October 30, 2011

The Tickle of Tee






No one likes it after they've been taught to acquire it in the voice, that is, if it's not there naturally. Its presence can be- and often is- upsetting. What am I talking about? The [i] buzz. Students look at you in disbelief.

"Really? That much?" You hear them thinking: "That can't be right!"

But it is.

"You need to acquire that buzz in every note of your voice whether loud or soft. It's your own private audition- a bone-conducted phenomena. It doesn't sound buzzy out here. Rather, it sounds round, full, free and beautiful."

But they don't believe you, not at first anyway. You have to keep them on [i] for a long time, combining it with other vowels - [a] especially. If you can get them to hear their voice on tape, well...that can go a long way.

"[i] is like a T. The top of the T is at the level of your eyes, and the stem goes down into your sternum."

Many hear these words, but because they can't quite accept what they hear, look at you and blink. It doesn't make sense yet, but will if they keep at it with hammer and tongs. It takes awhile to accept this [i]. Many want it to be nice and artistic. But nice doesn't cut it, or cut through an orchestra (the Musical Theater singer needs it as much as the classical voice student, abet, without the darkness). The ones with executive ears imitate your demonstration, often getting the idea immediately. The tone gleams and is full, rich and chiaroscuro. But even they need constant reminding. It always seems too much to them. Too aggressive, whiny, too much like one or the other parent yelling, too much too much.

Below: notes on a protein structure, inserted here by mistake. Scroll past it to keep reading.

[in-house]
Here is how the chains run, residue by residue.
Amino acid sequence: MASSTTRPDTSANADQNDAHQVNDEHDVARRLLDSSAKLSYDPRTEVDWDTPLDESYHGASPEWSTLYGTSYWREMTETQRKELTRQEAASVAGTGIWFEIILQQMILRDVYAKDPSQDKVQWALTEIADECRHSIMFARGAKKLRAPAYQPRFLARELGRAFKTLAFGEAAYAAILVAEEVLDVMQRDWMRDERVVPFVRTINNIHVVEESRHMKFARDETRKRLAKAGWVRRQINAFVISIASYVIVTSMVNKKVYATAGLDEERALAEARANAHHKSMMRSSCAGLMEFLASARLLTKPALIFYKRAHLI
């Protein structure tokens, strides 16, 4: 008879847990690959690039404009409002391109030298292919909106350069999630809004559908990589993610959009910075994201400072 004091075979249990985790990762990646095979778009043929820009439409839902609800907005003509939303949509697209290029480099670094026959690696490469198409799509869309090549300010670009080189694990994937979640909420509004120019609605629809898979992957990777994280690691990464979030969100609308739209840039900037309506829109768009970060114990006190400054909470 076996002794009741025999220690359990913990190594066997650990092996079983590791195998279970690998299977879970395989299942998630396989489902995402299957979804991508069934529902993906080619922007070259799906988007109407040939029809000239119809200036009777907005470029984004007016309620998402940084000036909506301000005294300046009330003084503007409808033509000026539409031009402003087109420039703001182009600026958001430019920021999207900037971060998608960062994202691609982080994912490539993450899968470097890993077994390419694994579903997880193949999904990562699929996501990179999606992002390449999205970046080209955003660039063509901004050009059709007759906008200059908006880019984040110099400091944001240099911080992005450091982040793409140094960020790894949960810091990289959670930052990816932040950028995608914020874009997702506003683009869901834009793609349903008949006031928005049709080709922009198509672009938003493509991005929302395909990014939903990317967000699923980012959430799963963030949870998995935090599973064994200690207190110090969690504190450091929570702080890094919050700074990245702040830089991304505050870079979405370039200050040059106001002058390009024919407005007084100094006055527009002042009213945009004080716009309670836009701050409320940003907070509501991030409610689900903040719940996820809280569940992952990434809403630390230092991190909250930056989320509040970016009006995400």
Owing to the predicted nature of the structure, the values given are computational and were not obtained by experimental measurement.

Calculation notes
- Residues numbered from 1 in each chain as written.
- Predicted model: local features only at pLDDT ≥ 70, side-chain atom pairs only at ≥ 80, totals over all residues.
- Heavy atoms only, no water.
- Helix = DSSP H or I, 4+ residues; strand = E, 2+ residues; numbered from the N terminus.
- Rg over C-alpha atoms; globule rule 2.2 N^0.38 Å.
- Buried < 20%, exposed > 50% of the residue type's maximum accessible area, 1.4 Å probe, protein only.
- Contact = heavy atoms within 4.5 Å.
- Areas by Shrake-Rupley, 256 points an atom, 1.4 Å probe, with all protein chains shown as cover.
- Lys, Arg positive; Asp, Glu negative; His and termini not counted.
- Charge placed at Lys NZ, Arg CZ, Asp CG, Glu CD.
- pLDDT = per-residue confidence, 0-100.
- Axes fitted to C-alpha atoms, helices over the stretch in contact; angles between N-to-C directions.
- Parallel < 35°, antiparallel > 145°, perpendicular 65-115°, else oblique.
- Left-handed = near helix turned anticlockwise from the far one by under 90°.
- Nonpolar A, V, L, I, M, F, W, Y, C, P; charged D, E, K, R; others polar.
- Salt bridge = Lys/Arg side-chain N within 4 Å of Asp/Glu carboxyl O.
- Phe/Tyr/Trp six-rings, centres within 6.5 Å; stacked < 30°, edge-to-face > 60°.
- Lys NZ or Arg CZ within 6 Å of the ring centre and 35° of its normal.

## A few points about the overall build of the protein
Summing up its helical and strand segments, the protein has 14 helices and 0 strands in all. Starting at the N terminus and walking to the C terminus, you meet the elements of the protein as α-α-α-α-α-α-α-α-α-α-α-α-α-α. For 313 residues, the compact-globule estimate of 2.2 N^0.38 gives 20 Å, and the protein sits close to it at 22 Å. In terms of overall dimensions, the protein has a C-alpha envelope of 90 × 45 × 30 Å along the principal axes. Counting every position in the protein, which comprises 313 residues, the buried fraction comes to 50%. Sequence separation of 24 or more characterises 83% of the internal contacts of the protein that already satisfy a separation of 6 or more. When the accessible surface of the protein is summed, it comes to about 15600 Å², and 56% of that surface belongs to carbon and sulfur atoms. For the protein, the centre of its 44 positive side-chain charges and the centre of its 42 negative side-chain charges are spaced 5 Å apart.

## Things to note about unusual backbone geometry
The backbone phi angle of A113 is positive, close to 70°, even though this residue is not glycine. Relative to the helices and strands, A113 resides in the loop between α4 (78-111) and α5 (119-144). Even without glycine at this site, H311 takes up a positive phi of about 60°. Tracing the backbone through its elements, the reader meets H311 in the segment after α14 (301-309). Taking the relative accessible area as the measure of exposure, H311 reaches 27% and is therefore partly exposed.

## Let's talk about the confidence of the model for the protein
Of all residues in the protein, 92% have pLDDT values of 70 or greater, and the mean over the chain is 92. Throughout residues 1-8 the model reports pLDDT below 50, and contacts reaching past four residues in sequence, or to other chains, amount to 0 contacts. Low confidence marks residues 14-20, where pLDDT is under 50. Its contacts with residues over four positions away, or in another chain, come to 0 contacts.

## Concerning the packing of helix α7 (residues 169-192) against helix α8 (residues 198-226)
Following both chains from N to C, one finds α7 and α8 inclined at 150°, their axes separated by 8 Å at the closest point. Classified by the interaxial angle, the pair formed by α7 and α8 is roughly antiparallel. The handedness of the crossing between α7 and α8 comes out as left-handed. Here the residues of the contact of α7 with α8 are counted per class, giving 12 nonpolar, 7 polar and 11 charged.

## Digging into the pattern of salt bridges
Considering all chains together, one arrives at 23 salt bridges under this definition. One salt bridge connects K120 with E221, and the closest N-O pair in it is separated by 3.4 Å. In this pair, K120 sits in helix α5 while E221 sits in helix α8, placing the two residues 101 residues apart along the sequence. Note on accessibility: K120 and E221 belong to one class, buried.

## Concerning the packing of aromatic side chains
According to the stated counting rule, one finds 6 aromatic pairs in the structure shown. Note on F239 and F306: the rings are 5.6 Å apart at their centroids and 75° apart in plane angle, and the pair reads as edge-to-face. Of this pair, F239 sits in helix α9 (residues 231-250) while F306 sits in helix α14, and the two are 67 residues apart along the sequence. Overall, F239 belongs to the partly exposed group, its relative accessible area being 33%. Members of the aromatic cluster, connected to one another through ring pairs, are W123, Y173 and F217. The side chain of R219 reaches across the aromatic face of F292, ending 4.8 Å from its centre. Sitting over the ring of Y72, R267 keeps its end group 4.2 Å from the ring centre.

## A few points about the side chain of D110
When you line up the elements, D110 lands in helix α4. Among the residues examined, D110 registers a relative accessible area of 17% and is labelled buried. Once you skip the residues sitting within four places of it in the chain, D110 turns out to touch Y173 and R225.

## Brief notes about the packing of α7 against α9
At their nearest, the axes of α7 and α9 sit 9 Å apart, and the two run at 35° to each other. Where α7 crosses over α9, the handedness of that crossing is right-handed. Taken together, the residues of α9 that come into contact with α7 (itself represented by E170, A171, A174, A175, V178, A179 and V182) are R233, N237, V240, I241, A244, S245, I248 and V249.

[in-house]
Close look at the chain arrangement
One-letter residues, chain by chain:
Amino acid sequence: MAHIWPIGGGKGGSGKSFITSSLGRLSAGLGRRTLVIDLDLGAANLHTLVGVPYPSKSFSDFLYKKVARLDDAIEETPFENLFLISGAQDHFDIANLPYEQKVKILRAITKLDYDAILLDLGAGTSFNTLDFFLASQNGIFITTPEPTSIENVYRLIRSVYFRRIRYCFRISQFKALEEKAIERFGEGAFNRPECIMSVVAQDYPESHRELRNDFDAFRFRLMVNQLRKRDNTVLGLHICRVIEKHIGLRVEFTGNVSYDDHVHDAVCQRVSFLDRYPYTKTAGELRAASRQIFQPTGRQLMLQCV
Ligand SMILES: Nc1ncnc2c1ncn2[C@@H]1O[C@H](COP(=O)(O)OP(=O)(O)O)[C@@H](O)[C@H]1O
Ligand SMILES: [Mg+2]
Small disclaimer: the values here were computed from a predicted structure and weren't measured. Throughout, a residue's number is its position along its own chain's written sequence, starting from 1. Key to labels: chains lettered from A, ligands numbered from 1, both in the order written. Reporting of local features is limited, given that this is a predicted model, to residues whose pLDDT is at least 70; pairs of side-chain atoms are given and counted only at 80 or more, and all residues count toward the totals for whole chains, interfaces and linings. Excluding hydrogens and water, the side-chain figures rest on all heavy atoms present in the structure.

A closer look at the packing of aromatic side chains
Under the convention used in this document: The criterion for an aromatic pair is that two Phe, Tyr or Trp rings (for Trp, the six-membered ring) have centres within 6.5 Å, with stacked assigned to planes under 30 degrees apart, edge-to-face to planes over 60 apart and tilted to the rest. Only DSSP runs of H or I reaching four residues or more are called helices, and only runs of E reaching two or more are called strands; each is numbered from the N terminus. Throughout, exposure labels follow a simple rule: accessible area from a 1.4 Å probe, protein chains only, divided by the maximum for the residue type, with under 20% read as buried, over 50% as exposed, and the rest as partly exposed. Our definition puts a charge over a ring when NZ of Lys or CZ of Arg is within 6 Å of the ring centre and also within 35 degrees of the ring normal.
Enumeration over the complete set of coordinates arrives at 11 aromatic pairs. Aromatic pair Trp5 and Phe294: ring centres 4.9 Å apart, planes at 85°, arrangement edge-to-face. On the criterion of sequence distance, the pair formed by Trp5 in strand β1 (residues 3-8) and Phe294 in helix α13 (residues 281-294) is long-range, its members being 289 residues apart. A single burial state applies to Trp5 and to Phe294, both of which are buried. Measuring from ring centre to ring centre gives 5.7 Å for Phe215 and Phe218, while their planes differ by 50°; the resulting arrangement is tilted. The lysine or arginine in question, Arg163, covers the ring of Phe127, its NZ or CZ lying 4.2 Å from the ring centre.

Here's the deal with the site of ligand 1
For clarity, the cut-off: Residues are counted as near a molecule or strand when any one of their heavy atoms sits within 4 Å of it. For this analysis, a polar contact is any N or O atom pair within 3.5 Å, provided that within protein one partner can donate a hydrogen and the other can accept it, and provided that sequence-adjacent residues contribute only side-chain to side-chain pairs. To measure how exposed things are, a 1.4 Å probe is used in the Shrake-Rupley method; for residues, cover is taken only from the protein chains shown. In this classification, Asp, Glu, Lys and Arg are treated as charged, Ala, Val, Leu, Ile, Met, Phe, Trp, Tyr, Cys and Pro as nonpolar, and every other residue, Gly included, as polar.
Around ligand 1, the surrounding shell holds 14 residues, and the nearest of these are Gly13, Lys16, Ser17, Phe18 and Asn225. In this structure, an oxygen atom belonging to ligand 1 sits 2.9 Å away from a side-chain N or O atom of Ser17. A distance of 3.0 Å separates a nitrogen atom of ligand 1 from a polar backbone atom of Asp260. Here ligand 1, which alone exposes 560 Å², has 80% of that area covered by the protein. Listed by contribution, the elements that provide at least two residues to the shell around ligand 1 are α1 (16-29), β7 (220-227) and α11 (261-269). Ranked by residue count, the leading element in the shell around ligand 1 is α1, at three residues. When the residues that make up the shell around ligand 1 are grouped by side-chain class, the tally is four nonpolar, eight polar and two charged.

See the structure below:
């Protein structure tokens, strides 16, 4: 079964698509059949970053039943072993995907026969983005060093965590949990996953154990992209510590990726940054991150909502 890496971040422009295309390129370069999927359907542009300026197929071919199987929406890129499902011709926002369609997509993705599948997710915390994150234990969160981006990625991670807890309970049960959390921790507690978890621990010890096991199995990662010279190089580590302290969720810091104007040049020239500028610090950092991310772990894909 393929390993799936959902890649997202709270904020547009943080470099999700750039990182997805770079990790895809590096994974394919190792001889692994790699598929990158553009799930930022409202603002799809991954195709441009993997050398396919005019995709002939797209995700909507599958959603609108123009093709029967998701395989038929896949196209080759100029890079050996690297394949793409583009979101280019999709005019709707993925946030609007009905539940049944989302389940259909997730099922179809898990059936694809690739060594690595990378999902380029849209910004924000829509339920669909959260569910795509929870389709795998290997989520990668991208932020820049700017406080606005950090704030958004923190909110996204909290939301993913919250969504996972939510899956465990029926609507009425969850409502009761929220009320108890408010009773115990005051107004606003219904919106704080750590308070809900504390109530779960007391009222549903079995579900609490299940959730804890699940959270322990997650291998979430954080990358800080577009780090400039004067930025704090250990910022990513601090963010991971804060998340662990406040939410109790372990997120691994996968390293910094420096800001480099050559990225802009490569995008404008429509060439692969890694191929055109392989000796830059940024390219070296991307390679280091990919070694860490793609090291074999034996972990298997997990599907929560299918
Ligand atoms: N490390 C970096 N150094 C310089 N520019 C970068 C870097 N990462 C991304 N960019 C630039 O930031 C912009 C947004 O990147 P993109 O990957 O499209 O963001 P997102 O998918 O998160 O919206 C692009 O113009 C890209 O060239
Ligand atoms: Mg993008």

"Really? Are you sure?"

"Did you know the Old School singers vocalized their songs on [i]?"

More blinking.

"It's the steering wheel for the rest of your voice. The [i] vowel is very forward. Take every tone you make from it."

They leave the studio and practice a whole week and come back thinking they've nailed it and are surprised when you tell them it's not enough. Then you take them to the very edge of the cliff and push.

"OMG!  I had no idea!"  They say. "It feels so easy!"

You smile.

"Don't forget your T."

2 comments:

  1. And how should the student shape his lips, how should he form the tongue (in comparison with other vowels) and how far should he open his mouth (or lower the jaw)? There are so many ways to produce an (I). You ment the pure Italian (I), right? Any example video's?
    Much obliged if you could answer these questions. Seems like a good general advice!
    Greetings, Erik Couvret (Holland)

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    Replies
    1. Hi Erik. Thank you for your comment.

      Yes - a pure Italian /i/. Here's the thing with shaping: if one is thinking about it,too much, one is not listening to what a clear /i/ sounds like. The simple truth is that the vowel will have the correct shape when the sound of the vowel is apprehended by the student. That said, /i/ only needs a thumbs-width opening. The lips? Not pulled back into a grin certainly. What one should strive for is a clear vowel. Dark or light (the result of more or less rounding of the vocal tube), it needs to be CLEAR.

      What helps? Calling. That is, pretending you are intent on communicating to someone across the street. This entails a certain vigor. Use of "M" can be helpful too, that is to say: "MI!"

      Sorry, I haven't made any video examples, but you've given me a great idea! In the meanwhile, if classical-based, you might listen to a tenor like Jussi Bjorling or Luciano Pavarotti.

      The tongue on /i/ is the most arched of all the vowels.

      Daniel

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